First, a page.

It was formerly supposed that this custom was peculiar to a single species, which was called the "gossamer" spider from the fact that the floating webs, when brought to the earth by rain or intercepted by bushes and trees, coat the foliage or grass with a sheeting of gossamer-like silk; but the habit is now known to be practised by the newly-hatched young of a great variety of species belonging to several distinct families.
After the fruit has set, the foliage should be refreshed and cleansed by the daily use of the syringe or garden engine.
The outer coat was then removed from that portion which was to constitute the ground, leaving the white for the figures, foliage or other ornamentation; these were then sculptured by means of the gem-engraver's tools.
The enamelled decoration on the lamps is restricted to lettering, scrolls and conventional foliage; on other objects figure-subjects of all descriptions are freely used.
For currants and raisins, both produced by varieties of the grape-vine, see the respective articles.] Apart from their economic value, vines are often cultivated for purely ornamental purposes, owing to the elegance of their foliage, the rich coloration they assume, the shade they afford, and their hardihood.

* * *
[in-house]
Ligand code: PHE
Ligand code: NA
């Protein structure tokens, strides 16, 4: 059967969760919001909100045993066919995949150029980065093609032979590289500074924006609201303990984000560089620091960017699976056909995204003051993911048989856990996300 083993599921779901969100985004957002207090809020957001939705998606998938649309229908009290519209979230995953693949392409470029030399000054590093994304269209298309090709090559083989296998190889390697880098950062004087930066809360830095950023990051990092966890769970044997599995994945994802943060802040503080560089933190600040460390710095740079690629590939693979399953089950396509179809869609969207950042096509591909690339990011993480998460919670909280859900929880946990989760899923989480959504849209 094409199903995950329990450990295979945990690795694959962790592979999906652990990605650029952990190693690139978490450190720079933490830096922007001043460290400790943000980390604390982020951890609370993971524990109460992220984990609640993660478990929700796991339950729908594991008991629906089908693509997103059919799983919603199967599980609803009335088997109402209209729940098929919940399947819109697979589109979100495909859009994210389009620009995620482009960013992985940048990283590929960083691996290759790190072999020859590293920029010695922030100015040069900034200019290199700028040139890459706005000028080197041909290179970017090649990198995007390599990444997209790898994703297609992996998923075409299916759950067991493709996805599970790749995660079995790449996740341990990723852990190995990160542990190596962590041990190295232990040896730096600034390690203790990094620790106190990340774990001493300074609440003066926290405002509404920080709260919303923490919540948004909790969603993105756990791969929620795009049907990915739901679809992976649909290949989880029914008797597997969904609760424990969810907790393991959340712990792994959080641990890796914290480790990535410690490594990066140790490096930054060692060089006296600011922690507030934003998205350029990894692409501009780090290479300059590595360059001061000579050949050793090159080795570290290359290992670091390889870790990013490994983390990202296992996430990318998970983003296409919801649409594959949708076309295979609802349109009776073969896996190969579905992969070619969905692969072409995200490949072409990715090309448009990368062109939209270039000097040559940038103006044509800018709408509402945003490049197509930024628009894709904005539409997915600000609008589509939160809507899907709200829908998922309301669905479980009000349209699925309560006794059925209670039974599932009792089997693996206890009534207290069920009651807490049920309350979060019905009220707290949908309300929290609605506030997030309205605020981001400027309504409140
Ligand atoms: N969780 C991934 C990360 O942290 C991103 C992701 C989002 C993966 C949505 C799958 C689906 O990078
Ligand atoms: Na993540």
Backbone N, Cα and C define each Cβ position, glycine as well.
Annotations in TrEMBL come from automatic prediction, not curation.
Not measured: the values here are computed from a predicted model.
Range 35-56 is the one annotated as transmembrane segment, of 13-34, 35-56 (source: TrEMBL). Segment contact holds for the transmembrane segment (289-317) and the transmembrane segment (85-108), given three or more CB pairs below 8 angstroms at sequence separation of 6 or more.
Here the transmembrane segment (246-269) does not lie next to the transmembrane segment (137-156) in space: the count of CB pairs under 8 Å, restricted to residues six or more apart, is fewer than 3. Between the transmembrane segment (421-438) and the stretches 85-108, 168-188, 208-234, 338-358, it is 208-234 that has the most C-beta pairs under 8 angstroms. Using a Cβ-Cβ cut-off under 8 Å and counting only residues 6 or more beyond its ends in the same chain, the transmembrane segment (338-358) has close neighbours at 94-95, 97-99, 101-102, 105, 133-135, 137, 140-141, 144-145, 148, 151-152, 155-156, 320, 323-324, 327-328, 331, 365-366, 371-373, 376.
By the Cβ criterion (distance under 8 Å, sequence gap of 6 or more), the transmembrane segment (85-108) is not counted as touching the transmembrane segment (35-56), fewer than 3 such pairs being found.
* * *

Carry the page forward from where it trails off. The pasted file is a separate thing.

What makes this sand foliage remarkable is its springing into existence thus suddenly.
The tree has a remarkable appearance, due to shedding its primary branches for about five-sixths of its height and replacing them by a small bushy growth, the whole resembling a tall column crowned with foliage, suggesting to its discoverer, Captain Cook, a tall column of basalt.
The west coast throughout its whole length is covered to a depth of some miles with mangrove swamps, with only a few isolated stretches of sandy beach, the dim foliage of the mangroves and the hideous mud flats presenting a depressing spectacle.
The foliage in some of the numerous varieties is almost evergreen, and in Britain is retained long after the autumnal withering.
Both these oaks grow well in British plantations, where their bright autumn foliage, though seldom so decided in tint as in their native woods, gives them a certain picturesque value.
- (Residence at the Court of London, p. 286.) Bentham's love of flowers and music, of green foliage and shaded walks, comes clearly out in this pleasant picture of his home life and social surroundings.
The hypocotyl usually elongates, by its cells increasing very greatly in the longitudinal direction both in number and size, so that the cotyledons are raised into the air as the first foliage-leaves.